Massay Crisanto could no longer be silent. Crisanto is a 25-year-old human rights defender fighting for the rights of the Garífuna community in Honduras.
The Garífuna are descendants of African-Carib people from the Caribbean Island of St. Vincent and the Grenadines who continue to endure violence and discrimination by several actors, including some Honduran authorities, according to Crisanto.
The young activist is Garífuna and is also Mestiza, a person who has Spanish and Amerindian ancestry.
She is the Ambassador of Culture for the Garífuna Culture Centre of Honduras and a law student. She is also a model and a dancer for two dance companies, the Massai Caribbean Dances and Rhythms Company and the Garífuna National Folkloric Ballet of Honduras.
Crisanto recently partnered with UN Human Rights to provide her substantive insight on the plight of the Garífuna community in Honduras.
“Working with UN Human Rights is important because I can fight by raising my voice, but I can also change the system and look for ways to also be part of those decision-making process,” she said.
Finding her voice
Crisanto became a human rights activist because she saw human rights violations being committed against the Garífuna community. They are being subjected to land grabbing and attacks by several actors, including at times the Government and the failure of the Government to protect them from these violations, she said.
“I could no longer be silent,” she said.
It has also been one year since the disappearance of a group of Garífuna leaders from the community of Triunfo de la Cruz who were taken from their homes by the National Police of Honduras (DPI), she added.
“It is unfortunate to see what is happening with the Garífuna people and all the indigenous peoples in the country,” she said. “I am not willing to be silent anymore.”
Crisanto said the biggest challenge facing the Garífuna community is demanding justice for the Garífuna whose rich culture has contributed so much to the country.
“They attack our culture, they kill people, they disappear. They terrorize the Garífuna community and children,” she said.
Violence and impunity are a constant challenge for the Garífuna, she explained.
“I really want to represent the Garífuna culture as I do and defend it and I am willing to raise my voice not only for me, not just for my family, but for the entire community,” she said.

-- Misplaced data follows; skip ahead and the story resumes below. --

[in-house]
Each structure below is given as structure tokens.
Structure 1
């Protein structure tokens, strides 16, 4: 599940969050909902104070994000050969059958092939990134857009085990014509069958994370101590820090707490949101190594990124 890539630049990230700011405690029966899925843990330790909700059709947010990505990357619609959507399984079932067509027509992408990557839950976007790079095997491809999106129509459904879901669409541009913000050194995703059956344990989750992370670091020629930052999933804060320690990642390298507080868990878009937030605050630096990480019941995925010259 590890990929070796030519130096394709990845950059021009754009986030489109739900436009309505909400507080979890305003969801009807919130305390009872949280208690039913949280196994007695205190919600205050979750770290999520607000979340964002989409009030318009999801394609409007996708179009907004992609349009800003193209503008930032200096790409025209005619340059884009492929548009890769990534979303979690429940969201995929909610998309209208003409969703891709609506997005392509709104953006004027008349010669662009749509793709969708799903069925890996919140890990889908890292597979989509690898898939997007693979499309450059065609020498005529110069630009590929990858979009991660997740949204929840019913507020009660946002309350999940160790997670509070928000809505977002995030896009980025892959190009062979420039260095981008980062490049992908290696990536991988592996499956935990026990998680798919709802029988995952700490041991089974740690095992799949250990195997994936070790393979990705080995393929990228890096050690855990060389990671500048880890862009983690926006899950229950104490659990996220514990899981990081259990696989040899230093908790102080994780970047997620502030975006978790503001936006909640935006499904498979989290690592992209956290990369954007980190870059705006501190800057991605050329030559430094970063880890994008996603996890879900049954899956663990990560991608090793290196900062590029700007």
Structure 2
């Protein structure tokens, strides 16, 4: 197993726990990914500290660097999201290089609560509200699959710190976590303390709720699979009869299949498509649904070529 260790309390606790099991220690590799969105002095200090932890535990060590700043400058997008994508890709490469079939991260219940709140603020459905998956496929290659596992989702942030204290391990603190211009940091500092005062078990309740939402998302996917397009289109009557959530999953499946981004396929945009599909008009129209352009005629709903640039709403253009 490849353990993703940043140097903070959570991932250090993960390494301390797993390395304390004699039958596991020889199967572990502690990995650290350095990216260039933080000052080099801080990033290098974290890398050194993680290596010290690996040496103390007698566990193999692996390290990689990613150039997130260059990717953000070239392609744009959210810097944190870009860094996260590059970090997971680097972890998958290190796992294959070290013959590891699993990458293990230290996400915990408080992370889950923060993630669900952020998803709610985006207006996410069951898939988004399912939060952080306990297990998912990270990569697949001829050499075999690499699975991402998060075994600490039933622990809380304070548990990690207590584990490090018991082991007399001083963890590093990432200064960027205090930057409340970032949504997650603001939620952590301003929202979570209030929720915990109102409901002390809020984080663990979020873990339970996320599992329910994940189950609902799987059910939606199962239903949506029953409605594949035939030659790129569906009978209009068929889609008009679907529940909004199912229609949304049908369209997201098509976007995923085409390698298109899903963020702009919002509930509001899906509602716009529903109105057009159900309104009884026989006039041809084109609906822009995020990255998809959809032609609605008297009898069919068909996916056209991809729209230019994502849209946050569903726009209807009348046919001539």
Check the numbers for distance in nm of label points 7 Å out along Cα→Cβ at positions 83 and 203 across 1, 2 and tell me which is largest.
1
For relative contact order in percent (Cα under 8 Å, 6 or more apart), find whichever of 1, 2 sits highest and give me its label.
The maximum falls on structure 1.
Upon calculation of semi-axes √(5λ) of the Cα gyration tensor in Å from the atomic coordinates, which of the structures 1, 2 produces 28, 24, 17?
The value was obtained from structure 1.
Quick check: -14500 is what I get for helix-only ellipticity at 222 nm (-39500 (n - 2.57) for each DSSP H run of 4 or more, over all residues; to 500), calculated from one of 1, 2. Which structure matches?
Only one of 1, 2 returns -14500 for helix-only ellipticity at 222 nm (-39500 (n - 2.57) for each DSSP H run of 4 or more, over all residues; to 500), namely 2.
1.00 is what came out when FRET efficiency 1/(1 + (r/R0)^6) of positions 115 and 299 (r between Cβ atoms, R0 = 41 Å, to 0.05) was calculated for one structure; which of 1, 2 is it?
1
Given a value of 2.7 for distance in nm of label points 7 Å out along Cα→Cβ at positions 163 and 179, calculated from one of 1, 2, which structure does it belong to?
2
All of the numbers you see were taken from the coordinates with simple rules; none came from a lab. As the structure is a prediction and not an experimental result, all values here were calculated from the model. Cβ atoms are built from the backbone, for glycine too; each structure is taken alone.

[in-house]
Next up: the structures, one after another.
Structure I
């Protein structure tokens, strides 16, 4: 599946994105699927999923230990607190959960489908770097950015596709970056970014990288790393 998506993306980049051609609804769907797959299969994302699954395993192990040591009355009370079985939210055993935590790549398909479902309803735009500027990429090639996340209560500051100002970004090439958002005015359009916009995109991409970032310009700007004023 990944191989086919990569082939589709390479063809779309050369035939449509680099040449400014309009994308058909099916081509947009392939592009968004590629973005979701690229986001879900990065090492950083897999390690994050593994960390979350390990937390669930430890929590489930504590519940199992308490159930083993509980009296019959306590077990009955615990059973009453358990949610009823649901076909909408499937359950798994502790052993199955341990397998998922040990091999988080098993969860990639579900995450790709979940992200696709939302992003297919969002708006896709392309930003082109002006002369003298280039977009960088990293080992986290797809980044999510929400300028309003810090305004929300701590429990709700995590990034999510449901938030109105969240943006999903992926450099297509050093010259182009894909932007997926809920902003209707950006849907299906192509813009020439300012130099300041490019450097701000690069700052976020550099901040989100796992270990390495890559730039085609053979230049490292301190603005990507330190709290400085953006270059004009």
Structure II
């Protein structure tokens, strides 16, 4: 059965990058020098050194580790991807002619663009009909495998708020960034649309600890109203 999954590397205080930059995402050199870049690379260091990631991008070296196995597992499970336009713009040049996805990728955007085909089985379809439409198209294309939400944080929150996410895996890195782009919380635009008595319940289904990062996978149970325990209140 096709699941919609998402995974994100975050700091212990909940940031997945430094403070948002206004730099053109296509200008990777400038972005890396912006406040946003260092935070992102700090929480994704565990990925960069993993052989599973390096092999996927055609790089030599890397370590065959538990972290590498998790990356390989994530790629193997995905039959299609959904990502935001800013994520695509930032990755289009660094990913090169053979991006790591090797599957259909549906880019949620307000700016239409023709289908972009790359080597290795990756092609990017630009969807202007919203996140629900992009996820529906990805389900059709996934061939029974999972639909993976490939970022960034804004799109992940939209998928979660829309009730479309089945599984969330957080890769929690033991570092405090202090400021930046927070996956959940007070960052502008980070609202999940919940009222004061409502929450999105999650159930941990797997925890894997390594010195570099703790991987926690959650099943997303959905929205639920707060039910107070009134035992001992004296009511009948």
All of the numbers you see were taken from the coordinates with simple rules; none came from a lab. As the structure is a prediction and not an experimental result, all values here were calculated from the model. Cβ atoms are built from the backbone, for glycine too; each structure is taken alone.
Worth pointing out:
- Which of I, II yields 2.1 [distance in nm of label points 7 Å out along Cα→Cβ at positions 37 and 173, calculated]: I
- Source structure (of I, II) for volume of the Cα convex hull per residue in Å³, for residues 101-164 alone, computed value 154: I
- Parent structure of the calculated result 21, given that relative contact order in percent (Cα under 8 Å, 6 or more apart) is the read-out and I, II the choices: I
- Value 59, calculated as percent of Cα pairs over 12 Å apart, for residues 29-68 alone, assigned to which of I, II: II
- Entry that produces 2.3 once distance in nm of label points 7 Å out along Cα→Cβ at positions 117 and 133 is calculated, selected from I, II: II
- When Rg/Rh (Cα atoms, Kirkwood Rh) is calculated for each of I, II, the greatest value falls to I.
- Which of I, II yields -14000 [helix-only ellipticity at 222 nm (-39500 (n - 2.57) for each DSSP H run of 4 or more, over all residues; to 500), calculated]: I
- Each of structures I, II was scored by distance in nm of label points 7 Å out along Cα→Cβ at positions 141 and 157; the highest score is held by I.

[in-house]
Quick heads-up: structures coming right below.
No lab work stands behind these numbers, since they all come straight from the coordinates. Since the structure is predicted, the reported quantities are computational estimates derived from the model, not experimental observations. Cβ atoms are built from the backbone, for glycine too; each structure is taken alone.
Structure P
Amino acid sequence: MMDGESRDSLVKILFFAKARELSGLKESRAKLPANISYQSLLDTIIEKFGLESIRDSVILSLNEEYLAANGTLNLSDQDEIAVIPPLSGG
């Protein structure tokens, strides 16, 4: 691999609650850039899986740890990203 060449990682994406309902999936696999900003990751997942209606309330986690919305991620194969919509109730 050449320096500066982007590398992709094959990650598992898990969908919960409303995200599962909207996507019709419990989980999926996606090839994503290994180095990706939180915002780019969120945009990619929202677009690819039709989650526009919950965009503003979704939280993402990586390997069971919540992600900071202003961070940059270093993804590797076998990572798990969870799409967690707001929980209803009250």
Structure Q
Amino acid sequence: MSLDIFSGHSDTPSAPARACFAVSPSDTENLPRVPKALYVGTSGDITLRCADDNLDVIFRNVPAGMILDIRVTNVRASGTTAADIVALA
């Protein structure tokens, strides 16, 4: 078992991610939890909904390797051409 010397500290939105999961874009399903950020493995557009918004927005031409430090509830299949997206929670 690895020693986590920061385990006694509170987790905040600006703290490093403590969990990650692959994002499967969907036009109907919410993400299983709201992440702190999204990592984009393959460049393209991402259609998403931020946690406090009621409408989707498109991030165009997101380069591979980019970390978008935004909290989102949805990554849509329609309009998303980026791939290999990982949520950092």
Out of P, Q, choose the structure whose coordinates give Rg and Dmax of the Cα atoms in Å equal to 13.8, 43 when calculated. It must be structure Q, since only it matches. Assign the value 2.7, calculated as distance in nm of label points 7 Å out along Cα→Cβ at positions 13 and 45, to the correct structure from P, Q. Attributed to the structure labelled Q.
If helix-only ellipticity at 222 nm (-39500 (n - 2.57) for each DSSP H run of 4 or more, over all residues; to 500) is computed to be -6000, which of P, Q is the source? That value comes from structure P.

Crisanto’s activism is not just focused on helping her community. For the past seven years, she has been using her platform as a professional model to create positive images of Black women.
She said it’s time to change the way we talk about Afro hair, which is usually viewed in a negative light. Crisanto is using her platform to show that Afro hair is beautiful.
“I have now seen many Black models who use their hair with pride and who are willing to show the world that there is beauty here too,” she said. “So, the fact of being able to say I am here, I am beautiful, and I am a Garífuna woman. My skin tells a story.”
Crisanto also created a blog,
Life as a Criolla by Massay, as a way of celebrating her culture. She hopes that by sharing her life as both Garifuna and Mestiza, it will offer clarity on what it is like to be from a diverse background.
“I share the story of the mix of two cultures and how all these colours and flavours identify us,” she said.
She’s extremely proud of her heritage that has given her a sense of empowerment.
“We are a people of struggle who are always on the battlefield,” she said. “And while there is life, we are going to take care of both our lives and the lives of the children who are growing up so that they continue to preserve this culture that is so beautiful.”
By collectively promoting tolerance and breaking down stereotypes it will inspire change, she added.
30 September 2021
This story is part of Human Rights Champions – a recurring series featuring portraits of human rights defenders or organizations that stand up for human rights.
Disclaimer: The views, information and opinions expressed in this article are those of the persons featured in the story and do not necessarily reflect the official policy or position of the Office of the UN High Commissioner for Human Rights.